Sordor: Only they obscured the doorways, the entrance levels, the gateways. There’s just grey light at this level, but not so black, as you can’t see ahead of you, bit like a fog in a park.

Torbet: It’s probably why in recent years they’ve added all them lights.

Sordor: There’s no moon and stars here, no more.

Torbet: And there ‘s no sunlight neither! Shame ain’t it.

Sordor: Well this is the before and the after. The no man’s land of purgatory. Some say it’s hell, because you don’t know whether you are alive. No one can tell whether they have any blood in their veins. There’s no emotion. Just your station as a ghost. They carry on shopping, caught up, following the same pathway, as when they were alive, only they are dead you see? Or do you?

The small group go women, have entered a shop, and are trying on the clothes, almost hypnotised in the effort. Mable has put two sweaters on already, and trying to fit a third one over her head, not realising her error. Marjie tries a cardigan, and the arms are too long.

Mable: I’m only trying them for size. I get so cold. They never told me I’d be living in Scotland.

Margie: Glaswegians like shopping.

Mable: Ayh, that’s where my habit came from, my grandmother used to take us to the shops, each Saturday, for a treat mind. And I haven’t stopped since, enjoying, you know the thrill of something new. And what lovely colours, half the price of the one’s in London! ( She seizes five more jerseys in an ecstatic rapture) Shopping heaven!

Margie: Well! I can’t seem to find anything to fit, and we’ve not got long.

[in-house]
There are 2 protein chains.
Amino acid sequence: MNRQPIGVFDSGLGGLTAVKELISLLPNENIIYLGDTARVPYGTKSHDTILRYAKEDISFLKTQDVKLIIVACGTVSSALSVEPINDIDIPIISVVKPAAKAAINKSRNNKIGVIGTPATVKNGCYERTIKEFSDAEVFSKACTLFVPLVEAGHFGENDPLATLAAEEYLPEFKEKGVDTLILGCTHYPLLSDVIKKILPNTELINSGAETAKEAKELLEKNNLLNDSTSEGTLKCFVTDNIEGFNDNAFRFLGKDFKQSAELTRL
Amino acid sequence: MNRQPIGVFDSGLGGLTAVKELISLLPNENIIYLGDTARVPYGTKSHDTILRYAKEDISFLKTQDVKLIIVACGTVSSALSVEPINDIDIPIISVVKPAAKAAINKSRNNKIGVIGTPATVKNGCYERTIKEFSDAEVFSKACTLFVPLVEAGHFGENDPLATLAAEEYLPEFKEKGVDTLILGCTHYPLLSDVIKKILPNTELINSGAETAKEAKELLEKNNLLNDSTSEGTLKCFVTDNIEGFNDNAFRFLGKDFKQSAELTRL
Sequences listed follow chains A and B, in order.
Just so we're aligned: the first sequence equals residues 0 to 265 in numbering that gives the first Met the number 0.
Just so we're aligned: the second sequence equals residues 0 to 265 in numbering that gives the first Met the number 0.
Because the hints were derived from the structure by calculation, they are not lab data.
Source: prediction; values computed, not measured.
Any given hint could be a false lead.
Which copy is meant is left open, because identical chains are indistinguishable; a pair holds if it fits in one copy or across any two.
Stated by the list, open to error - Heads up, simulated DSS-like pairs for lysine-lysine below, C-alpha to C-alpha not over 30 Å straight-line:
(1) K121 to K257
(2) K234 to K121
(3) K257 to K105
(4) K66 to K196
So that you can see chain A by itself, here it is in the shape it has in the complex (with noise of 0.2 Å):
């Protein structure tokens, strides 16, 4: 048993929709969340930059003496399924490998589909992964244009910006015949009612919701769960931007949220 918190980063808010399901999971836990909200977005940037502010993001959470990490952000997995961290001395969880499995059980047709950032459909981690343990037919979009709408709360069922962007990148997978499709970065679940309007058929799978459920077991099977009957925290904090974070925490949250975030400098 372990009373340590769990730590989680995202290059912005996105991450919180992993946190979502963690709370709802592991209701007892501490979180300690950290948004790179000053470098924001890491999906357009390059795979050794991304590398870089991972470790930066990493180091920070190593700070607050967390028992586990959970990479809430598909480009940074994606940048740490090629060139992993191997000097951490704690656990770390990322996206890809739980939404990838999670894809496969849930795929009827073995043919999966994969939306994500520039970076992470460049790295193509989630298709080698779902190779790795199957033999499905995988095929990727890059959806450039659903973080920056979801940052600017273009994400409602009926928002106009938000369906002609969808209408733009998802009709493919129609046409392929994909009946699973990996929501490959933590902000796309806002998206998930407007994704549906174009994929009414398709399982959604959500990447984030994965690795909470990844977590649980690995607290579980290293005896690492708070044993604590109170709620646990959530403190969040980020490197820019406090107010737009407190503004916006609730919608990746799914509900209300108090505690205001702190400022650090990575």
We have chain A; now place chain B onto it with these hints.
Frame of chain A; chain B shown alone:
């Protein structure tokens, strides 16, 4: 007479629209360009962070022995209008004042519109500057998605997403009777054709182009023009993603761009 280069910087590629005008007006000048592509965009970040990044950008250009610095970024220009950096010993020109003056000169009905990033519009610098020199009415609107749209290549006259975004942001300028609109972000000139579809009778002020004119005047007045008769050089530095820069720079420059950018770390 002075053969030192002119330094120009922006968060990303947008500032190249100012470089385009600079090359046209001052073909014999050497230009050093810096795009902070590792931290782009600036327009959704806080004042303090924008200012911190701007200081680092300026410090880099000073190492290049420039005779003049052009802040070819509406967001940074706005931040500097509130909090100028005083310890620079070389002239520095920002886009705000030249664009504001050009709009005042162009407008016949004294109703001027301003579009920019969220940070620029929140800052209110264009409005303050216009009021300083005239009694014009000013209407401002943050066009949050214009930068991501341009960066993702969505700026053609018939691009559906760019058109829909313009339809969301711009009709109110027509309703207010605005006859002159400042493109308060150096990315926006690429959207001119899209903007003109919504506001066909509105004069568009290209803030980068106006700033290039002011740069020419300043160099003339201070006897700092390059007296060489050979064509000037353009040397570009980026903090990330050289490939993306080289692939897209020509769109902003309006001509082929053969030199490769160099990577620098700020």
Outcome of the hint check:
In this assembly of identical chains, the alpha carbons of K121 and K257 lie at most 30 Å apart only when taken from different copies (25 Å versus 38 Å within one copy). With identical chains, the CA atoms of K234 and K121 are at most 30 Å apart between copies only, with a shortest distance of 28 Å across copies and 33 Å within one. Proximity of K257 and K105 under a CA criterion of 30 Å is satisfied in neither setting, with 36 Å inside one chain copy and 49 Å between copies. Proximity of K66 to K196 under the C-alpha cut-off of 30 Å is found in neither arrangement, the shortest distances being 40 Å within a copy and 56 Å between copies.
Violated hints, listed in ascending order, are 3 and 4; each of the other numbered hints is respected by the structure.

Mable: Can you help me get into this…and why not just get something to say you came here. I always collect something from each place I visit, just to say I’ve been. You can never have enough useful sweaters, and wasn’t the forecast for snow and stormy weather? You’d be daft not to get something more in keeping with the climate.

Margie: (Looking down at her dull clothes) Well! Just to say I’ve been here, I suppose. (Picks up sweater but find arms are too long to fit, she folds the sleeves back resolutely).

Sordor: (Imitating a female Scot’s voice). And in case I can’t come back!

Torbet: Can’t get enough!

Sordor: Haven’t got enough!

Torbet: Always need a new one!

Sordor: Need a new one incase!

Torbet: And so forth!

Sordor: The human condition! To shop ‘til you drop!

Torbet: What ‘s the difference between a truth and a lie?

Sordor: It makes no difference to them now.

Sue comes rushing back from the make-up counter, with an armful of items in separate boxes and bags.

Sue: There are so many bargains! On that counter, I guess some of the make-up must be nearly out of date, but who cares….( The items were covered in grey dust, but Sue has not seen this. She’s seen pushing a lipstick she’s opened around her pouting lips, her eyes opened wide in amusement, at the effect which is in truth hideous, the lips come out in blue colour, her hair is bright auburn. )

Mable: Well, in all truth, I’d rather not try it! Didn’t they have any red?

Sue: I’m sure I picked the red one up. But, hey the boxes must have been mixed up with the sunscreens.

Deidre: Holy mother of Jesus! What do you look like?!

Sue: (Patting her face with a powder puff then scowls). Well! I’ll take it off, are you happy now!

Carol: I wish I was young and in love again!

Sue: And with who?

Carol: Well, I’m not that fussed, about who, or the where, just can’t stand it anymore, this interminable shopping for something special, with no one special to please. I’ll go mad, I’ll go mad if this situation of ours doesn’t change.

Deidre: I do miss all the attention of a man, and the walks along the shore of Dingle Bay. All the air and sea, and gulls…..

Claire: Well, I couldn’t handle it all that space and air, my idea of good romance is a night out on the town. We used to go down town every Friday to the nightclubs. My man an’ me. Dressed up to the nines.

Floris: My man and me! Just listen to her, as if ………..